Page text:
Last week, Google Arts and Culture launched a virtual gallery to showcase over 40,000 digitised pages of the Timbuktu manuscripts. These iconic manuscripts, some dating back to the 11th century, contain knowledge ranging from maths and geography to astrology and astronomy to music and biology. In 2012, Islamist militant groups took hold of the Northern Mali city, going after important artefacts like these manuscripts, which were, thankfully, smuggled to Bamako by several families who understood their cultural value.

For centuries, Timbuktu was a hub of knowledge, playing an integral role in the spread of Islam across the African continent and also furthering intellectual discuss on a range of subjects. The manuscripts are written on a range of materials, from Italian paper to goat, sheep and even fish skins. This process of digitising the manuscripts took about seven years, following an initial conversation between librarian (and manuscript smuggler) Dr. Abdel Kader Haidara and Google in 2014. The virtual gallery is part of a new Google Arts and Culture project titled Mali Magic, which also celebrates the West African country’s music, modern art and monuments.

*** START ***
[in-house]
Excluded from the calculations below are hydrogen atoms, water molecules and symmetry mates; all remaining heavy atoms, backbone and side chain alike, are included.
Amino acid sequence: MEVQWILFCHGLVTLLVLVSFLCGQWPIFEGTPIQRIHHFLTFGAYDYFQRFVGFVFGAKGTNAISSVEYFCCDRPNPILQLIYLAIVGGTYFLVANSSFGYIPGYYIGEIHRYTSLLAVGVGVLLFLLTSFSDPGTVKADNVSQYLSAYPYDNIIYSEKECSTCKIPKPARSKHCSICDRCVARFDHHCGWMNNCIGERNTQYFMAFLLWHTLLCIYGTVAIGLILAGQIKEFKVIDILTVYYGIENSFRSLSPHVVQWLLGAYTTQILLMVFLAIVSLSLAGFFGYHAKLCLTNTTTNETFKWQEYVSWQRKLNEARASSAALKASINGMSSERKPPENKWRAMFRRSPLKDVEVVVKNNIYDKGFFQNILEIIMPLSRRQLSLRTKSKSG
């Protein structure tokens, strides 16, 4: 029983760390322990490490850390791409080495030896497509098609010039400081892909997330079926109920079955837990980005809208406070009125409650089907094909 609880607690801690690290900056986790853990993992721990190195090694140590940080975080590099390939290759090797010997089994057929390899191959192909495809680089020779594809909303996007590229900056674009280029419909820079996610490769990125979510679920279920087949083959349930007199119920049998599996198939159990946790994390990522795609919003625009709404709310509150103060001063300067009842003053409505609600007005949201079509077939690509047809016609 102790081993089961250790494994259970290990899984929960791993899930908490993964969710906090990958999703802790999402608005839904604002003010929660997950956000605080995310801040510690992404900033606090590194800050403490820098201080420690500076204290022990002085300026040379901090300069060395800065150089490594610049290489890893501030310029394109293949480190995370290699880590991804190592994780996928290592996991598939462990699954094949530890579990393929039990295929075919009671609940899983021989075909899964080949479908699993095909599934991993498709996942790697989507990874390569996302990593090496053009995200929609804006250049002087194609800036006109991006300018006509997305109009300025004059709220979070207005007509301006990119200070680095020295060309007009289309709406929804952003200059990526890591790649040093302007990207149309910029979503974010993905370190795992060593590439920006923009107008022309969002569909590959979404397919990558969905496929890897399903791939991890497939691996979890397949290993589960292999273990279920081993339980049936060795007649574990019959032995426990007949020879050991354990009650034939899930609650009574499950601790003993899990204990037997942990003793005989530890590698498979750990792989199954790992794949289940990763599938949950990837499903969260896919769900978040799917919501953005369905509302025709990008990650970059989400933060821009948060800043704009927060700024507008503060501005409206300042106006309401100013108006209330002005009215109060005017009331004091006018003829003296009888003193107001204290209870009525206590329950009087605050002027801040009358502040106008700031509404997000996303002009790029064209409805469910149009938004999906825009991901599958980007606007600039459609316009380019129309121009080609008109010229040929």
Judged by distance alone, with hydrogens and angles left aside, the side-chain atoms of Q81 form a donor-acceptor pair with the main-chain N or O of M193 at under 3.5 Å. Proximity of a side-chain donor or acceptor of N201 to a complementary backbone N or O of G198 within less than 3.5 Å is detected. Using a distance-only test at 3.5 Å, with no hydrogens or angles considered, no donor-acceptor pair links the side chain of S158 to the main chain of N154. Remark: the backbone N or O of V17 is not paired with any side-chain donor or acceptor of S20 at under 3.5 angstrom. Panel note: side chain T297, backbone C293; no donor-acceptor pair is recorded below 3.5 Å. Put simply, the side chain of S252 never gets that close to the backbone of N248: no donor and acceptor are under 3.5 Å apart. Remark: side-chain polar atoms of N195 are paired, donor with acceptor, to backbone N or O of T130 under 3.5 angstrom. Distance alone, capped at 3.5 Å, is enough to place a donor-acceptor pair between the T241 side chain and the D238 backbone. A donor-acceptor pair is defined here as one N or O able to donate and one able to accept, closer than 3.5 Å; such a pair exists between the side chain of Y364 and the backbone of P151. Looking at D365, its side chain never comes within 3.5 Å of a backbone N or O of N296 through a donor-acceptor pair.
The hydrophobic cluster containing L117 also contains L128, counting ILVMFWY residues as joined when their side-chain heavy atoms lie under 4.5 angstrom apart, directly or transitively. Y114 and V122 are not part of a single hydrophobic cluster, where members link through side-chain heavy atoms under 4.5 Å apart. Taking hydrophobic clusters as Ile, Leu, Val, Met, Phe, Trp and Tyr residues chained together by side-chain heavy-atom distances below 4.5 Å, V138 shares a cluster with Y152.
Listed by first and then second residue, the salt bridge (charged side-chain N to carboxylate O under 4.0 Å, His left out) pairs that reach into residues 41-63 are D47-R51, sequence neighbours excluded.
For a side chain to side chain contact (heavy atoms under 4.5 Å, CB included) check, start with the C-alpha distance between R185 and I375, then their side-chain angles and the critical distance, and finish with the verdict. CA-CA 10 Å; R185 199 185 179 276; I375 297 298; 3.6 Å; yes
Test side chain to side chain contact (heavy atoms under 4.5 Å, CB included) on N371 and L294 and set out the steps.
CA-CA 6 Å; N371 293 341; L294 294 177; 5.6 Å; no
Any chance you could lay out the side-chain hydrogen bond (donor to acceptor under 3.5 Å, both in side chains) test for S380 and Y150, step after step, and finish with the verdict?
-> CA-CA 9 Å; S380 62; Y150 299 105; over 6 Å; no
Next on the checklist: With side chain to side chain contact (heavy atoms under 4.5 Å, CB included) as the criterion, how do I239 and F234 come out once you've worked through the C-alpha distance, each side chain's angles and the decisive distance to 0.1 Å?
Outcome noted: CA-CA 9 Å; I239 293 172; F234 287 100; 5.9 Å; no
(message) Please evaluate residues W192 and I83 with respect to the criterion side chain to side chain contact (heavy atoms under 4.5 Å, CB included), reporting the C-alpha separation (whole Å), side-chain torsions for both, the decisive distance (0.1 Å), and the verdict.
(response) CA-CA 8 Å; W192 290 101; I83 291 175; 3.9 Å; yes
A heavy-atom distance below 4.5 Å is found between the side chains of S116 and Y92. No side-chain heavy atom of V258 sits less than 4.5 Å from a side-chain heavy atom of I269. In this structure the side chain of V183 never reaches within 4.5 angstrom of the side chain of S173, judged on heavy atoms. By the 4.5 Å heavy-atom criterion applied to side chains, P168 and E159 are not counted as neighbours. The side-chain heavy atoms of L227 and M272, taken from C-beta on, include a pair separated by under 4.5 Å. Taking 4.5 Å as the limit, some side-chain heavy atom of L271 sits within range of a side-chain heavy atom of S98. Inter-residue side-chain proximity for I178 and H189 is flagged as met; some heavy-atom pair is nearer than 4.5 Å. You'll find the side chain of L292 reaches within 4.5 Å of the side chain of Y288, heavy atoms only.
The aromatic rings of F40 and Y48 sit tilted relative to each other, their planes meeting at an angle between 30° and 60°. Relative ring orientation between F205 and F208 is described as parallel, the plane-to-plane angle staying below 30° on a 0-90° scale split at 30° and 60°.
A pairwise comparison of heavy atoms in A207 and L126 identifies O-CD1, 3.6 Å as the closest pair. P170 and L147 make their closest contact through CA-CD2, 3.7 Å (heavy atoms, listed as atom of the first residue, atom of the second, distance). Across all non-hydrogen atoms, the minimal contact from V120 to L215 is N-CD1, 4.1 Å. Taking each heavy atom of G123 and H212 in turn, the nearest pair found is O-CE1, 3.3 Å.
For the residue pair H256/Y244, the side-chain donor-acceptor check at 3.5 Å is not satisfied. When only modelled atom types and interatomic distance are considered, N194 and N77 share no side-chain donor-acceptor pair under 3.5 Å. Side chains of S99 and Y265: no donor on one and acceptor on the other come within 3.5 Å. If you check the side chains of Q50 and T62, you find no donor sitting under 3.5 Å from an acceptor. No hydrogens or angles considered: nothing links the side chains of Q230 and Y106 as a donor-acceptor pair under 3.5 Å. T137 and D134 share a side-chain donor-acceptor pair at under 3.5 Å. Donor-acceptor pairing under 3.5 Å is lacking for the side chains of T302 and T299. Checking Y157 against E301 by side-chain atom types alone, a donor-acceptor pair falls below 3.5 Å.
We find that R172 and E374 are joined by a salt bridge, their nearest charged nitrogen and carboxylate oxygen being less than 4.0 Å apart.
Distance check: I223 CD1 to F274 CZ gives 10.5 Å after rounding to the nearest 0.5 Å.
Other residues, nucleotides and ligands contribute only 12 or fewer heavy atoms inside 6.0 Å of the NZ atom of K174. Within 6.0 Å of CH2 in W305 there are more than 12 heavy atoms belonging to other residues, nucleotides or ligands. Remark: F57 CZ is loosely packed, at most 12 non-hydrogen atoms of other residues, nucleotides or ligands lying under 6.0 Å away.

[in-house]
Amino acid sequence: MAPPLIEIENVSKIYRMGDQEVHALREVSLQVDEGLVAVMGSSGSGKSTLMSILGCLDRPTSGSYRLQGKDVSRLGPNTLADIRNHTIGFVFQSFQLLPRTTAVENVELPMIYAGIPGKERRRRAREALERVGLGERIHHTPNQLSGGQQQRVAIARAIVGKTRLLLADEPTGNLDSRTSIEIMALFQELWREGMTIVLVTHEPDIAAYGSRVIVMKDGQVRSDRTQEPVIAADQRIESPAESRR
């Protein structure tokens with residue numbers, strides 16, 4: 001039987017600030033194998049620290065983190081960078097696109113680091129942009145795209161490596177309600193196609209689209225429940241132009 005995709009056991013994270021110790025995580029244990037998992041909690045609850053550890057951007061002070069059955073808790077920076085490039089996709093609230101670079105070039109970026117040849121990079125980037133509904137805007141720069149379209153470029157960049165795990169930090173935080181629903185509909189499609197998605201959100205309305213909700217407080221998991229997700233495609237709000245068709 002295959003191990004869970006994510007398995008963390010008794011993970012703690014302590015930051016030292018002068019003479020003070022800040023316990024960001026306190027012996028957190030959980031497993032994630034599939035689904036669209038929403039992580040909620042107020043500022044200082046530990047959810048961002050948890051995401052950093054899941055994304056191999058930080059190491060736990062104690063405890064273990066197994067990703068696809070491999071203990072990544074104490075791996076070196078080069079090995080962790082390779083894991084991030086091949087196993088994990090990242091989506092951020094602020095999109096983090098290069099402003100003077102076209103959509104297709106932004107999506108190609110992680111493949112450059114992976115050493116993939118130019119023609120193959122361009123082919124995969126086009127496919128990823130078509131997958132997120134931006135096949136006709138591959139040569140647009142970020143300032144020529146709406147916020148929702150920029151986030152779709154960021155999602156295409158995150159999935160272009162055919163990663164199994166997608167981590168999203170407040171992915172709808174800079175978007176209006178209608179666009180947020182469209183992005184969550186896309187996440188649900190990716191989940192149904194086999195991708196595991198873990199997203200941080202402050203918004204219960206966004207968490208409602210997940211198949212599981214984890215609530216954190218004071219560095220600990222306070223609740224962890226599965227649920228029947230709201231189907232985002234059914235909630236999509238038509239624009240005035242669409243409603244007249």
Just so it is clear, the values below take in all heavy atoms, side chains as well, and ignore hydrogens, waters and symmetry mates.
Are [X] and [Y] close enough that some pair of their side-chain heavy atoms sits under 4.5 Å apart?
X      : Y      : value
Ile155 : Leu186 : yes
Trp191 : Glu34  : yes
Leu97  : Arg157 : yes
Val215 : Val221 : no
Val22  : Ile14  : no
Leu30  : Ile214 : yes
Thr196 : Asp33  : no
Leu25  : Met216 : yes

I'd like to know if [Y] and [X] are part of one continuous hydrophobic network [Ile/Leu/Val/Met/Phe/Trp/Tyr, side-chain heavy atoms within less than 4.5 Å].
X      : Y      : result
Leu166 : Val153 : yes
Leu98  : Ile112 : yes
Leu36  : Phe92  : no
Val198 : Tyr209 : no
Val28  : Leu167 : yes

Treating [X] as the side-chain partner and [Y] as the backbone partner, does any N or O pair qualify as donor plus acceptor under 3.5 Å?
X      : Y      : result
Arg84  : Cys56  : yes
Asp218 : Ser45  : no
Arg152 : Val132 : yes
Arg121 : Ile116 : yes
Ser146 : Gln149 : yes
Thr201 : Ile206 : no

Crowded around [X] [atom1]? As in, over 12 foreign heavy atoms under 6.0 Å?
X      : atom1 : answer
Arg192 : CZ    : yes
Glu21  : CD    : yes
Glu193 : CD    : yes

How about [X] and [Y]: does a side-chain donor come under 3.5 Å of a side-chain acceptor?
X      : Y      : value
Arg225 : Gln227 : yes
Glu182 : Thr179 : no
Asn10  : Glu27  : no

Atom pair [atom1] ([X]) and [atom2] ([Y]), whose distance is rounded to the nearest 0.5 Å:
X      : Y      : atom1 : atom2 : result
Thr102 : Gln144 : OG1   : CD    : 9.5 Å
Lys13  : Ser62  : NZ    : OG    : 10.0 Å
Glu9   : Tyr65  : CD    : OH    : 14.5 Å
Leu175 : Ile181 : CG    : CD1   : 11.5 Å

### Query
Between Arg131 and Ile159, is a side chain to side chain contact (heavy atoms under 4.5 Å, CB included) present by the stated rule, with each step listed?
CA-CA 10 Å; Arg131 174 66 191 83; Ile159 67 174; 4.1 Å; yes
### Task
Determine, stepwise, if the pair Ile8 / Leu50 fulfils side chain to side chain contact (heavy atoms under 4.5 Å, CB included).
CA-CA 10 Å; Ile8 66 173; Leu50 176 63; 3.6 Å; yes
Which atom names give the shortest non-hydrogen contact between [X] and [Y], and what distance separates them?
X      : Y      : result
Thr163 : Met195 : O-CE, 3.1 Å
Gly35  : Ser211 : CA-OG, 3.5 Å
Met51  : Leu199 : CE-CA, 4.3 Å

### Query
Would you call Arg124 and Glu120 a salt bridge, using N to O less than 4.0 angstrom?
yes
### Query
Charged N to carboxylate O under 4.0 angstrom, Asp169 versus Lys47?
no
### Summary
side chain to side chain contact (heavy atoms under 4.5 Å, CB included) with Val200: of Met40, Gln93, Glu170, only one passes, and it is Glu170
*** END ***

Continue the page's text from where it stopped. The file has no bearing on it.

The monuments section contains over 50 exhibits, including the first online, interactive tours of some of Mali’s most significant historic sites. The collection also contains videos and images dedicated to the country’s contemporary art scene, as well as profiles of some of the artists. For the music section, Grammy-nominated singer-songwriter Fatoumata Diawara wrote and recorded Maliba, a 7-track album dedicated to Mali’s cultural heritage and spirit. With its multi-pronged approach, Mali Magic captures and helps preserve the legacy of a country with a significant and rich culture, despite currently being riddled with insurgency and political uncertainty.